Remembering Roy Waller

It's a year since the much-loved broadcaster and Norwich City fan Roy Waller passed away. Derek James pays tribute to a special man who touched the lives of so many.

Amid all the excitement of Norwich preparing for life in the Premier League our thoughts turn to one man who would have savoured every minute of the build-up.

And although many of you will never have met him, he was still a good friend – his name was Roy Waller and it was a year ago today when he lost his fight for life. He was 69.

Roy would have been in his element, bringing us the latest news from the football club he loved with such a passion as the tension builds for the exciting season ahead.

He was a young fan who grew into the voice of Carrow Road and thousands of people tuned in to listen to his reports at home and away on the fortunes of the Canaries. The good times and the bad times.

Today our thoughts are with his widow Sylvie and members of his family.

There was far more to Roy than being a football commentator, thanks to his fun-filled afternoon show and his Saturday country music programme, he became part of Norfolk life.

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There was no other radio presenter quite like him.

He was a household name. People of all ages and from all walks of life loved listening to the man who described himself as 'the daftest broadcaster in the world.'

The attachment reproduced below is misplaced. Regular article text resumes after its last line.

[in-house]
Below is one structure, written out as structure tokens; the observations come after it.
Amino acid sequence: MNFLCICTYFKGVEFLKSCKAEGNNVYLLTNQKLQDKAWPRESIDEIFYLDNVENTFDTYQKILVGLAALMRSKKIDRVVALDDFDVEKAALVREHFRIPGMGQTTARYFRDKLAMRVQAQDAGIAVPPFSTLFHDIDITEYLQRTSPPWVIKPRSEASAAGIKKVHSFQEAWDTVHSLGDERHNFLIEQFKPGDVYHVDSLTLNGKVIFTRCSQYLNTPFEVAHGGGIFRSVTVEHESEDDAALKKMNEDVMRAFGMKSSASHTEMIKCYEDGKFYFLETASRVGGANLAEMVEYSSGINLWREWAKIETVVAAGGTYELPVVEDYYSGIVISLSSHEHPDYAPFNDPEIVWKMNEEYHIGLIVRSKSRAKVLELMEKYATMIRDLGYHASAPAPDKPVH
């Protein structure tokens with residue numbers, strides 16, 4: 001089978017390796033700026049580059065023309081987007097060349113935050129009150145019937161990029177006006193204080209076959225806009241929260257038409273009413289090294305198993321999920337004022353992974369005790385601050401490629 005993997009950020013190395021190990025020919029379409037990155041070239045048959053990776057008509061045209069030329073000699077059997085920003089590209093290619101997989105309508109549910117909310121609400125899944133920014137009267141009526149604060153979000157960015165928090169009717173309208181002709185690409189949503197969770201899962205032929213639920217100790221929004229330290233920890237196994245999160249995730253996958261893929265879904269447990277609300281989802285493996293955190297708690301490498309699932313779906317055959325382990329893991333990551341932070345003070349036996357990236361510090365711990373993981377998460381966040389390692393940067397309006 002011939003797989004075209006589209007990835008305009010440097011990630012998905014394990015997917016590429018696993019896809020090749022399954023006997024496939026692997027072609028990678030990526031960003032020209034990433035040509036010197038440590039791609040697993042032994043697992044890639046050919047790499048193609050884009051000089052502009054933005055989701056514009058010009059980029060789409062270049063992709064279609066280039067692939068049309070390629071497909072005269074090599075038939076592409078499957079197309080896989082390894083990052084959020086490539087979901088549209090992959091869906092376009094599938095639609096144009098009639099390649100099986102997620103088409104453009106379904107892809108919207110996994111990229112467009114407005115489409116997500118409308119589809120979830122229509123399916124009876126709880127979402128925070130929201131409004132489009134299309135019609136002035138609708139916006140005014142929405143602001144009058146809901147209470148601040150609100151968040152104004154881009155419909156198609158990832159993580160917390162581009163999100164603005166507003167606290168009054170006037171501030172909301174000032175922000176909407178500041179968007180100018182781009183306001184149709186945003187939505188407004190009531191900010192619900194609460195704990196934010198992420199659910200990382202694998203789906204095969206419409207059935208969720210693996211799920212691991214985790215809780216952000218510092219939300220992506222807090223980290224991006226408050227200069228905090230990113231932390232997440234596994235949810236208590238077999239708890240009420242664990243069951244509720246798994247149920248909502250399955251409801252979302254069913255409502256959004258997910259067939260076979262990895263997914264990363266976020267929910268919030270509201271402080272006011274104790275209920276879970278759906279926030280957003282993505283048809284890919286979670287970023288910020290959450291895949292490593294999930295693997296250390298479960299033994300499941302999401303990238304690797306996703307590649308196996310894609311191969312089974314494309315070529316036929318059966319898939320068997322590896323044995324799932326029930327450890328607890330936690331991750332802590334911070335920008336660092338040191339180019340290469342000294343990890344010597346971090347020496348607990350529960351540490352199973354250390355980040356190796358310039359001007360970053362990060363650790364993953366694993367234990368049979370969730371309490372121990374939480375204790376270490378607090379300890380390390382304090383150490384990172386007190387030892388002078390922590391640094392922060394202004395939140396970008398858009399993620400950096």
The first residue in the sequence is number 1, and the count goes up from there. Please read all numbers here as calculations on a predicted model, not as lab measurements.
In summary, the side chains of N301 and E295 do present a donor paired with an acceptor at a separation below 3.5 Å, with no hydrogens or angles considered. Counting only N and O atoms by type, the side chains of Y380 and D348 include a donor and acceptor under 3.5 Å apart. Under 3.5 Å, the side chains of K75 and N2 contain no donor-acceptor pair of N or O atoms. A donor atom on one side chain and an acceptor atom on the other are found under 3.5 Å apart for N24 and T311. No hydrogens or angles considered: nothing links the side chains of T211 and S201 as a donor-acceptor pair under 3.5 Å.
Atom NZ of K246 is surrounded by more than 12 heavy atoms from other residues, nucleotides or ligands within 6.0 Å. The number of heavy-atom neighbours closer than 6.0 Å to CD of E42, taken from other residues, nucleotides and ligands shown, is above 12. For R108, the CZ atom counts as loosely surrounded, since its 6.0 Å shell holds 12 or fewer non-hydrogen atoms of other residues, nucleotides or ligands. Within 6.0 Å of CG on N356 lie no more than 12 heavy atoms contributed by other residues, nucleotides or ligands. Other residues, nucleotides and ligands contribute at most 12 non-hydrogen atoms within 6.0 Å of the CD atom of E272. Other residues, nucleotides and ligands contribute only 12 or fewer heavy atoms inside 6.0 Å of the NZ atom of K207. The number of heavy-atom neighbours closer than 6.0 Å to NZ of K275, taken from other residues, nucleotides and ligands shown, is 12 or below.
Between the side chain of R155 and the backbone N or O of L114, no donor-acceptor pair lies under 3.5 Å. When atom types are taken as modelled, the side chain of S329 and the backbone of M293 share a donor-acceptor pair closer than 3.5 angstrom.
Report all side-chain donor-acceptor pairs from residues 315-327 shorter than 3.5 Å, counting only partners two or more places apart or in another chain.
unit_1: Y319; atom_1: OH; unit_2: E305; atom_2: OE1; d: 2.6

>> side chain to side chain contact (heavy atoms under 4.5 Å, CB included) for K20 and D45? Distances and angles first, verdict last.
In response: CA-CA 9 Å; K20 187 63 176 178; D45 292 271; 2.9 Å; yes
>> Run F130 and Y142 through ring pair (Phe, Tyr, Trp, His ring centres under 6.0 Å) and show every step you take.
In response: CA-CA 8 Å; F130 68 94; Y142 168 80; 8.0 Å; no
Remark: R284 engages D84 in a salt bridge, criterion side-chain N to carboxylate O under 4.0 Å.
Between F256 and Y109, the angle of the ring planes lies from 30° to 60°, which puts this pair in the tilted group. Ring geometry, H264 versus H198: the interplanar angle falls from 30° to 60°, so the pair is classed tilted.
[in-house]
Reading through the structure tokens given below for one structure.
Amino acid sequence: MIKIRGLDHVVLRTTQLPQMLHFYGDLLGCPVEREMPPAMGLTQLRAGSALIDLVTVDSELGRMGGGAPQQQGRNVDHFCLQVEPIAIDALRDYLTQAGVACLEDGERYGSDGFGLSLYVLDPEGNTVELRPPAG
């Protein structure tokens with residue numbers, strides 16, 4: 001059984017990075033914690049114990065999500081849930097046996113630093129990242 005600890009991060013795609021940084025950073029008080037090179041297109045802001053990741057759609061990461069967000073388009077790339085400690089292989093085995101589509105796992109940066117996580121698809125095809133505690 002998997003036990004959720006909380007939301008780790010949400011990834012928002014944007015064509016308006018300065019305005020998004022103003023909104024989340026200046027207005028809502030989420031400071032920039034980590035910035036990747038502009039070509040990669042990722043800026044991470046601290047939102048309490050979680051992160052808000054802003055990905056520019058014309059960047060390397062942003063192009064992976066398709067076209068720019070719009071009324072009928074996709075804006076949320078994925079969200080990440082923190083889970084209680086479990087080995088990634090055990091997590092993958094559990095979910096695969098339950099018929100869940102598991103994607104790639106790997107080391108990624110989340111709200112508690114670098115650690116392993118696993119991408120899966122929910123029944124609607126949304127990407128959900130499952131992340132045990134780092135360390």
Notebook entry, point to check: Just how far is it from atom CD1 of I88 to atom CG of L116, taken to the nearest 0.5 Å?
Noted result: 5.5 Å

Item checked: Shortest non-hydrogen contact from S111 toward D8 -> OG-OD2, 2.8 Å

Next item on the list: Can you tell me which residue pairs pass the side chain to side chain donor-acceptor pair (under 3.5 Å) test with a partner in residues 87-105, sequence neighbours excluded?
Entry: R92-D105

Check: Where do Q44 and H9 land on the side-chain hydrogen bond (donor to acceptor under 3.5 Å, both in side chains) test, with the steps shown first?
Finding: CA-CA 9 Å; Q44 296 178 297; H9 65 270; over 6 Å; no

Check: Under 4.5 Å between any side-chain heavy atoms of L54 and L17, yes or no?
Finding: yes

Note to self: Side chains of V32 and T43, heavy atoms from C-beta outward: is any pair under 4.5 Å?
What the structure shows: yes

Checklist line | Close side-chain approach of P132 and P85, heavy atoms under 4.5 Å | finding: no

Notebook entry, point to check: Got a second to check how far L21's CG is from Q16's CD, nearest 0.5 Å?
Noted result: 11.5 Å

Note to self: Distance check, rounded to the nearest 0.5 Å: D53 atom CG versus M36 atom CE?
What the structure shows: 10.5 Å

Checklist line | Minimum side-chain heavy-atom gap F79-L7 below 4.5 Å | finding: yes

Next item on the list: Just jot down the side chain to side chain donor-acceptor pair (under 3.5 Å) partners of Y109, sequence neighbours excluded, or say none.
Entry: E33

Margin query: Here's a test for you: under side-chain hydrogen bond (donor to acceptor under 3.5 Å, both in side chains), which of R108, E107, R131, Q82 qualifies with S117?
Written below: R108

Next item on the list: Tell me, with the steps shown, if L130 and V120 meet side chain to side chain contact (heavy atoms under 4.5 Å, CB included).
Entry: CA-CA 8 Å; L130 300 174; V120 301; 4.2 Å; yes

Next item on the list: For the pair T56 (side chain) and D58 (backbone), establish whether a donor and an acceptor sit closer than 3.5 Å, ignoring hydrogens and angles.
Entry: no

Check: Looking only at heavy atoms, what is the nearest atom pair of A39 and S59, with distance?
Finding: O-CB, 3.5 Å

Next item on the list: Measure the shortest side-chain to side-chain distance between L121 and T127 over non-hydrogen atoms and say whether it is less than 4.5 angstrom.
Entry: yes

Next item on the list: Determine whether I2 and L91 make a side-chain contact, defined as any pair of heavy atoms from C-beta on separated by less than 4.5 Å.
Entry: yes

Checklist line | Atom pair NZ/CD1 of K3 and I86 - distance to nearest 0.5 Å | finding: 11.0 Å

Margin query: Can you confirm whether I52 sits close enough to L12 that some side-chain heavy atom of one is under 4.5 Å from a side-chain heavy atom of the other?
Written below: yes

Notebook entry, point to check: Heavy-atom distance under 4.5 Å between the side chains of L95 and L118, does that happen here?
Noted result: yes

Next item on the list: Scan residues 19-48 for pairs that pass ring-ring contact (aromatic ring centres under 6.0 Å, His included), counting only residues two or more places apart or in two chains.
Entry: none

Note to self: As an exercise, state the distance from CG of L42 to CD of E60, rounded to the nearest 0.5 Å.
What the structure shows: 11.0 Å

Norwich born and bred Roy, a Mile Cross boy, started work with an estate agent before going to Norwich Union but he then moved to the AA where he presented radio reports and that led to hospital radio broadcasts from Carrow Road – the home of his beloved Canaries.

When Radio Norfolk came along in 1980 he used all his charm to persuade them to take him on as their football commentator – and the rest is history.

That led to daily shows which thousands of people across the county, and later all over the world, loved.

Remember when he got gunged by Noel Edmunds on his hit TV show Noel's House Party?

He helped to put the station on the map and he also helped many young entertainers on the road to stardom – especially country musicians.

Roy's Saturday morning show Rodeo Norfolk was a way of life for so many and when it came to country music, Roy knew his stuff. He was highly regarded by those in the business and they had a lot to thank him for.

His greatest honour came when he was made Sheriff of Norwich in 2008/9.

'I am so proud to represent the city I love. My city,' he told me.

Norwich Cathedral was packed for a service to celebrate his life following his death where former Norwich City chairman Robert Chase said: 'Roy was a fine man who loved serving the community.'

He certainly was.